– Presence of abnormal feathers (thinned, twisted feathers, going into a spin, shafts with clots), often accompanied by a powdery appearance of the down and the outline of the feathers.
– The bird does not lose the sheath of its feathers after a few weeks.
– The abnormal coloration of the feathers (presence of red coloration on normally gray feathers, yellow coloration of the feathers when they should be green)
– Blood clot at the base of new feathers.
– The anomaly of the beak (elongation of the beak, necrosis of the palatal vault with or without ulceration in very advanced cases).
C – Incubation and transmission
THE DISEASE IS HIGHLY COMMUNICABLE AND CONTAGIOUS BETWEEN BIRDS.
There are multiple means of transmission: “powder” from feathers, droppings, eggs, utensils used to feed birds, humans, clothing.
Before the appearance of “visible” signs, the incubation period is extremely variable: from 3 to 4 weeks to several years depending on the age of the bird; the initial viral load during contamination, the stage of development of the plumage and the defense capabilities of the bird’s immune system.
Stress (for example a change of location) is capable of triggering the onset of the disease.
D – Evolution
When PBFD is declared, its evolution can take different forms:
Over-acute evolution: the bird dies quickly after the appearance of abnormal feathers and most often from a generalized infection (sepsis).
It is the evolutionary form affecting mainly young birds.
Acute course: the first signs are weight loss, diarrhea, crop stasis and a sudden change in the appearance of the feathers (the typical case is that of chicks when the first feathers appear).
Chronic evolution: the progressive appearance of plumage anomalies as the molts progress. In this case, twisted or curved feathers can be observed.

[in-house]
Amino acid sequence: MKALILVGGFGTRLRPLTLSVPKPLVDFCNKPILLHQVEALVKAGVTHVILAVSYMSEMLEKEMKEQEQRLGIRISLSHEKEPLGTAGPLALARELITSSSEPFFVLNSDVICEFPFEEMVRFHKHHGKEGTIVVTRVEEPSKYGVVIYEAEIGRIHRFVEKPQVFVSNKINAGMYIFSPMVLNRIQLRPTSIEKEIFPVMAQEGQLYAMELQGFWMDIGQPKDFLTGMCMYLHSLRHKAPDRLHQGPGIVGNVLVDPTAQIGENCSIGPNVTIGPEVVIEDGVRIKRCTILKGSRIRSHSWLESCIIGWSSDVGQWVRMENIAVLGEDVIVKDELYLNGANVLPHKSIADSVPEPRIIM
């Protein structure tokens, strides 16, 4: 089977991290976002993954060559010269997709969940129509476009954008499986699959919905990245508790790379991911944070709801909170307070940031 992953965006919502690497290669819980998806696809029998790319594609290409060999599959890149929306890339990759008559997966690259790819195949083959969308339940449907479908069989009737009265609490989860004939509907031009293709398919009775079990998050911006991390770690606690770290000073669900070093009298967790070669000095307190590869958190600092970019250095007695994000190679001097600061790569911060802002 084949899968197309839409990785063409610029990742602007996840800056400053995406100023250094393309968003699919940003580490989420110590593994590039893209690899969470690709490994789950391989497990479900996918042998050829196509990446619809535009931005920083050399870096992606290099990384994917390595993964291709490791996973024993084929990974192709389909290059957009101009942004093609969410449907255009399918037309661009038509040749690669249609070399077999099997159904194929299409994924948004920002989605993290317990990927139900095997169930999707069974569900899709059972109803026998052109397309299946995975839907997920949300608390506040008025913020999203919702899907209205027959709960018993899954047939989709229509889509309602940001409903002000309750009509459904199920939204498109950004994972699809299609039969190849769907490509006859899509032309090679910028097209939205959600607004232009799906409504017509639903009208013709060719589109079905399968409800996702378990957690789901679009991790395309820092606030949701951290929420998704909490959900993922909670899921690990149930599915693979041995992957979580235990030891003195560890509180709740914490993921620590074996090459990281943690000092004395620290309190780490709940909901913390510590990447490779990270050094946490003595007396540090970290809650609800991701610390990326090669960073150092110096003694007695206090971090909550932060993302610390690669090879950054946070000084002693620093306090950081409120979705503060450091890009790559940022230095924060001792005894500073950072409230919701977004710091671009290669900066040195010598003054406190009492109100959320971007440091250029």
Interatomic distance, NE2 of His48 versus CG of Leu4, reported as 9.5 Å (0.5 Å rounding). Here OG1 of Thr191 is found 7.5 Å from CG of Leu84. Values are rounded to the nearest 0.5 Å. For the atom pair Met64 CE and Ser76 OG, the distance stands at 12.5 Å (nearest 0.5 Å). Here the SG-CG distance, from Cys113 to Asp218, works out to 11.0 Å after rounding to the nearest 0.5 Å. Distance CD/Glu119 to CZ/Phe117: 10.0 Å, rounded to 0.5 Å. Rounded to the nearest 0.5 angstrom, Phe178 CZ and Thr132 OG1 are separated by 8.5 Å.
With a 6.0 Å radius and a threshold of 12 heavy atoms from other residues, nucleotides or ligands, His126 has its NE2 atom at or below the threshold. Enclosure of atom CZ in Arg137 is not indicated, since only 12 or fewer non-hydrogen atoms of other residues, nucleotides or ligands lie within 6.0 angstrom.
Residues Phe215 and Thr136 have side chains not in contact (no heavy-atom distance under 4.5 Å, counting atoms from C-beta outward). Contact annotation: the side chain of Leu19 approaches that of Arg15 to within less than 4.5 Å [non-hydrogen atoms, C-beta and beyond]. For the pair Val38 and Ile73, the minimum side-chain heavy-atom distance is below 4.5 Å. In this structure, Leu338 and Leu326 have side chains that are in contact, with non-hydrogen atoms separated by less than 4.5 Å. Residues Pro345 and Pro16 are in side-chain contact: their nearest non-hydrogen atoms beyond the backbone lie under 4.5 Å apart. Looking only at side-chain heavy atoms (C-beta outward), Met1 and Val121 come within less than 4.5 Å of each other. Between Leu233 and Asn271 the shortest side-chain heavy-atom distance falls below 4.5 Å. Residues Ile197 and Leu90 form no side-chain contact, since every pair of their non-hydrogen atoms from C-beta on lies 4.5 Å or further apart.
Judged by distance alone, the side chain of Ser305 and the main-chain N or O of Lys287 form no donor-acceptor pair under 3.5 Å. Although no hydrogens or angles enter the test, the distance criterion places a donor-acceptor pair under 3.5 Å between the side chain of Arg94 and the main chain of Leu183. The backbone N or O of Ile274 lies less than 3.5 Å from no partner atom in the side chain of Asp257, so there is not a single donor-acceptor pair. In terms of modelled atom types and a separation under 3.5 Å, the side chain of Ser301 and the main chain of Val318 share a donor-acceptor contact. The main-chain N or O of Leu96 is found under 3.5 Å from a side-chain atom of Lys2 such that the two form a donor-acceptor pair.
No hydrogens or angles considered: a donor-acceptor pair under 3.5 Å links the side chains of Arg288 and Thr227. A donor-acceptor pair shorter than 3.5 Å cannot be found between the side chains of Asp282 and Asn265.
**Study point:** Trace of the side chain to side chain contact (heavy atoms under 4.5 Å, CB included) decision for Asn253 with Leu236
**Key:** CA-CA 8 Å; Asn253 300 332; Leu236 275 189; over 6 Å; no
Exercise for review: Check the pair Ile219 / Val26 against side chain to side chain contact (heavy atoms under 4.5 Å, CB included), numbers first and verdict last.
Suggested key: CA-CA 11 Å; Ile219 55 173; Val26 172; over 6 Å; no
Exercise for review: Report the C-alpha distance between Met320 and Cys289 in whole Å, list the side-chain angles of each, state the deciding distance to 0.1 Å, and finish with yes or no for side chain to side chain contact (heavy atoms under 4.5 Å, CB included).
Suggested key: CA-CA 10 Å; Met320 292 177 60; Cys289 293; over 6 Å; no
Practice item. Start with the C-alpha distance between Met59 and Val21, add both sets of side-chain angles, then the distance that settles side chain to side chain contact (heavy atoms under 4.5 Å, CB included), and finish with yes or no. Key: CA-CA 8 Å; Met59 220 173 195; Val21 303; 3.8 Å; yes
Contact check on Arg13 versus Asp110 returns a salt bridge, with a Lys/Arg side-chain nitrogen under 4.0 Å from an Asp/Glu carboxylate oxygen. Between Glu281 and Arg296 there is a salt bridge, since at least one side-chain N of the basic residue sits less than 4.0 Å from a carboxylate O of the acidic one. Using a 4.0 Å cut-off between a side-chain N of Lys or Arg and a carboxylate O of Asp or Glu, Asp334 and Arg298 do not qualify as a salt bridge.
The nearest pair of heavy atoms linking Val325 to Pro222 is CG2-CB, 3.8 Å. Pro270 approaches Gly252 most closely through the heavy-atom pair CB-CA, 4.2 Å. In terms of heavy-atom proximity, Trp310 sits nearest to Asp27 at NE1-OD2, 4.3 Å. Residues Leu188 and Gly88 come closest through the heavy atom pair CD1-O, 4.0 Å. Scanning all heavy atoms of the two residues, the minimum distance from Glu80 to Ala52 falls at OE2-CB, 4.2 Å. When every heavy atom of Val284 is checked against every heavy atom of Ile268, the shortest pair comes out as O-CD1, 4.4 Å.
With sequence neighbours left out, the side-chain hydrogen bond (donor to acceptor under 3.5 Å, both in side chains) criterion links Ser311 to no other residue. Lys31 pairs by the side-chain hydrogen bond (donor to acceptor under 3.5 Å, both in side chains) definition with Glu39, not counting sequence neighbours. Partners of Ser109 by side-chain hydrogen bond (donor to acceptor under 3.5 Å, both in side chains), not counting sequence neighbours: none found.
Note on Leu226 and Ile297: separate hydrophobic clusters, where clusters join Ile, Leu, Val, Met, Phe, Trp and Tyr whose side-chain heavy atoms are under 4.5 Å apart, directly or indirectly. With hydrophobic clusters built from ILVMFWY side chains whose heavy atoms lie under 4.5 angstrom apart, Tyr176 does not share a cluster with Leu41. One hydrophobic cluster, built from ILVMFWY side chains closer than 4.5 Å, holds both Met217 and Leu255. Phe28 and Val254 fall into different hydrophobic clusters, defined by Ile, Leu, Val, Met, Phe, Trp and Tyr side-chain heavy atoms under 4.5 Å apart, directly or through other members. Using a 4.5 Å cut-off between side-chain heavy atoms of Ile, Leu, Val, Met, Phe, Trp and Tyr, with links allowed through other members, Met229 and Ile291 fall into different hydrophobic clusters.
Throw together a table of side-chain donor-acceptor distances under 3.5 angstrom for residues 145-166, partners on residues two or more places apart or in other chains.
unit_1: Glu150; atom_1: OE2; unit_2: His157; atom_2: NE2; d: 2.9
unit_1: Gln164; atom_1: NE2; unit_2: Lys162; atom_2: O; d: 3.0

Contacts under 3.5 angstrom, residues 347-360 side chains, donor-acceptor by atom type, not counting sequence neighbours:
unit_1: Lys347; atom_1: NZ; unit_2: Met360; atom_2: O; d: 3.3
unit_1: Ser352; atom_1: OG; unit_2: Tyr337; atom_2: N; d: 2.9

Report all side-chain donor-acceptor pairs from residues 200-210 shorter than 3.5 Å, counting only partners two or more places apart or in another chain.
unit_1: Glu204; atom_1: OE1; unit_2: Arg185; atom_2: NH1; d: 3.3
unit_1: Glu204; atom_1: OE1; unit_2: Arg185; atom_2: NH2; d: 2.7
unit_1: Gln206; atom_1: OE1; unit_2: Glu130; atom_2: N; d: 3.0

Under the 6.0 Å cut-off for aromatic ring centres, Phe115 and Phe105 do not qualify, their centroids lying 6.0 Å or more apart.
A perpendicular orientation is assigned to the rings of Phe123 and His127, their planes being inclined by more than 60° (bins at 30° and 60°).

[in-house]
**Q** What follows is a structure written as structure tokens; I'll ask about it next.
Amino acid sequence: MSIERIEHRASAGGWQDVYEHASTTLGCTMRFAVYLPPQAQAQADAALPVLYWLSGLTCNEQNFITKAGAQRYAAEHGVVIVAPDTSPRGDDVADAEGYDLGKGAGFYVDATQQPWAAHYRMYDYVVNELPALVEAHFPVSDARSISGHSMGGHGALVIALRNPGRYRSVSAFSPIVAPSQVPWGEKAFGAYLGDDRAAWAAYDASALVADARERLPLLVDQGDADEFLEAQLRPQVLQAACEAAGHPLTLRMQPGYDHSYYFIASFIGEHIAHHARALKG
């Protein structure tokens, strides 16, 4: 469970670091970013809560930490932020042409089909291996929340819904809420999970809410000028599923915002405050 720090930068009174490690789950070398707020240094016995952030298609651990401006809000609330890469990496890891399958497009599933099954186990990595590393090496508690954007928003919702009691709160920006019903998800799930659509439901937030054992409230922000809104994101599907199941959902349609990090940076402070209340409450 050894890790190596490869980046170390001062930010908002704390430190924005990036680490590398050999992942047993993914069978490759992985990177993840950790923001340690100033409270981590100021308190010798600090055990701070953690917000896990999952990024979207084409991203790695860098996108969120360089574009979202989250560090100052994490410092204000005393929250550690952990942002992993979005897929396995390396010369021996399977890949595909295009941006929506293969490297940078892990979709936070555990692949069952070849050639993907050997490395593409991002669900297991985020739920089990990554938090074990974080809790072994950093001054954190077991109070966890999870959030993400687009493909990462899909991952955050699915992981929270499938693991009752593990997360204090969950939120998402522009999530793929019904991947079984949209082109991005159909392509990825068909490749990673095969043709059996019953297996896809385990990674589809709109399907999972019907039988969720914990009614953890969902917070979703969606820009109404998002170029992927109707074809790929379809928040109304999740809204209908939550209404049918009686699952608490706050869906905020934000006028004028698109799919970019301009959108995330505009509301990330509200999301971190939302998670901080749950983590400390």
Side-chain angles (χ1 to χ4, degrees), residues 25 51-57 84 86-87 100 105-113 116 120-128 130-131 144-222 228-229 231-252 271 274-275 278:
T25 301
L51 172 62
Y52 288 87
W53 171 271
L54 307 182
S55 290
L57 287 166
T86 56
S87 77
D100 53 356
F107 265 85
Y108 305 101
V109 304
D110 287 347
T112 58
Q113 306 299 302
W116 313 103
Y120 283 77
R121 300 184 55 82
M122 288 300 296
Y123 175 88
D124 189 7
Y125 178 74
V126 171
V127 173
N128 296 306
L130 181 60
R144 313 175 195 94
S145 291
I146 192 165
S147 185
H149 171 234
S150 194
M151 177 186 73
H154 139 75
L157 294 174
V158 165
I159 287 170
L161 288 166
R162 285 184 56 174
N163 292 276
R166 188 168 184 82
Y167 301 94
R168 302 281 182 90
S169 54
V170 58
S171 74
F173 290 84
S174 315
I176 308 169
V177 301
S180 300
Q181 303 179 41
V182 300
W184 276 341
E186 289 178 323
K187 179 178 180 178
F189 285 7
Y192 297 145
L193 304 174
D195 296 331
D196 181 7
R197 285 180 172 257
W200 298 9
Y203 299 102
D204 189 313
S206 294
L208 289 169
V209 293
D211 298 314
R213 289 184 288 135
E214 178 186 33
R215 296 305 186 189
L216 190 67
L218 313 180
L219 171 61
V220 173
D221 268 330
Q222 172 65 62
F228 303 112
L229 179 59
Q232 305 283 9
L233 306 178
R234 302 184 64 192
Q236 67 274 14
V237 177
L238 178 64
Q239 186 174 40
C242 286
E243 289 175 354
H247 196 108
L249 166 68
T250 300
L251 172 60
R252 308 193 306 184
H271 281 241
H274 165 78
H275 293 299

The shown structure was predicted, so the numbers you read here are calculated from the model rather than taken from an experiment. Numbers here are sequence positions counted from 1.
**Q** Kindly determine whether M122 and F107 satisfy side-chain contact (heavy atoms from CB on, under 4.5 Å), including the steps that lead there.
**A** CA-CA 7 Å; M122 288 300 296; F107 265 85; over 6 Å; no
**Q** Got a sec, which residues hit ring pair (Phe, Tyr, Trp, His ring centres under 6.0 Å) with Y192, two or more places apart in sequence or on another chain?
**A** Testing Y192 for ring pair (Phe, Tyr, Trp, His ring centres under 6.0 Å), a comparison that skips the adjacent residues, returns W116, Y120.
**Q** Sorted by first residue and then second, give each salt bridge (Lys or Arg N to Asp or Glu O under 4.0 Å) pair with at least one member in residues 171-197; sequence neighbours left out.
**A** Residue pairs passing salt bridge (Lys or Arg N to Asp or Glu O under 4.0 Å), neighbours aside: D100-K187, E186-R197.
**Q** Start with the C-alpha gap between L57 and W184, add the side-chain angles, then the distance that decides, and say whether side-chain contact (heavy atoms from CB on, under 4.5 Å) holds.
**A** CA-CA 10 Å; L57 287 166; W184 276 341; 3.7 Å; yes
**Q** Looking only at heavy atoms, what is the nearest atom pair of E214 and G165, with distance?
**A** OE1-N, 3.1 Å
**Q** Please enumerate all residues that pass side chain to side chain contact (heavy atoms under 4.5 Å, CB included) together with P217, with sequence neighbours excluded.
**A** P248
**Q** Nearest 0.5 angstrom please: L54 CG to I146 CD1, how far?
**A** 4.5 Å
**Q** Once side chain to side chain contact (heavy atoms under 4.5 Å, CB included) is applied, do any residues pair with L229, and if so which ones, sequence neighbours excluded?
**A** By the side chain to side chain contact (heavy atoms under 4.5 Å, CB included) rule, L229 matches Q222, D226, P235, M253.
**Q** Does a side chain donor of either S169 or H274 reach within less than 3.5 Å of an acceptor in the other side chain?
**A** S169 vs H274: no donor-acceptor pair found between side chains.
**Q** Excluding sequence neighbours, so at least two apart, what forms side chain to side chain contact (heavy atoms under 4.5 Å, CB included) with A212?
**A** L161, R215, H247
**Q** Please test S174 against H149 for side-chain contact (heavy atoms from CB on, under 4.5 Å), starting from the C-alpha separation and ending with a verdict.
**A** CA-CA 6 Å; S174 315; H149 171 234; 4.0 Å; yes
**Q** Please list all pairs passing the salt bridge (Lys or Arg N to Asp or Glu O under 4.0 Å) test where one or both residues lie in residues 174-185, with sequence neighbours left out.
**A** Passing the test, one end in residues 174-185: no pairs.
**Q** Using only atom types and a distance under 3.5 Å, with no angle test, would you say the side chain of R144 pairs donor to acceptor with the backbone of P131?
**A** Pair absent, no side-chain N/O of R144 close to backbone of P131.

These birds very often maintain a good appetite and normal activity.
Some of these birds can “heal spontaneously” (cases published in particular for parakeets and lovebirds).
At any time during evolution, whatever the form, secondary infections can occur: bacterial or fungal infections (“fungi”).
E – Prevention
Strict isolation of the contaminated or suspect specimen.
All attached equipment or objects, possibly contaminated by the bird or used for its daily care should be tested to find out if they too are contaminated.
It appears that this virus is able to resist many disinfectants. In addition, it is able to survive for a long time in the surrounding environment.
F – Diagnosis
Your veterinarian will confirm the diagnosis by a specialized laboratory examination (by PCR method from damaged feathers, blood, or a swab of the medium).
The sensitivity and precision of this test now make it possible to know whether the bird is affected “temporarily” or whether its infection is progressive.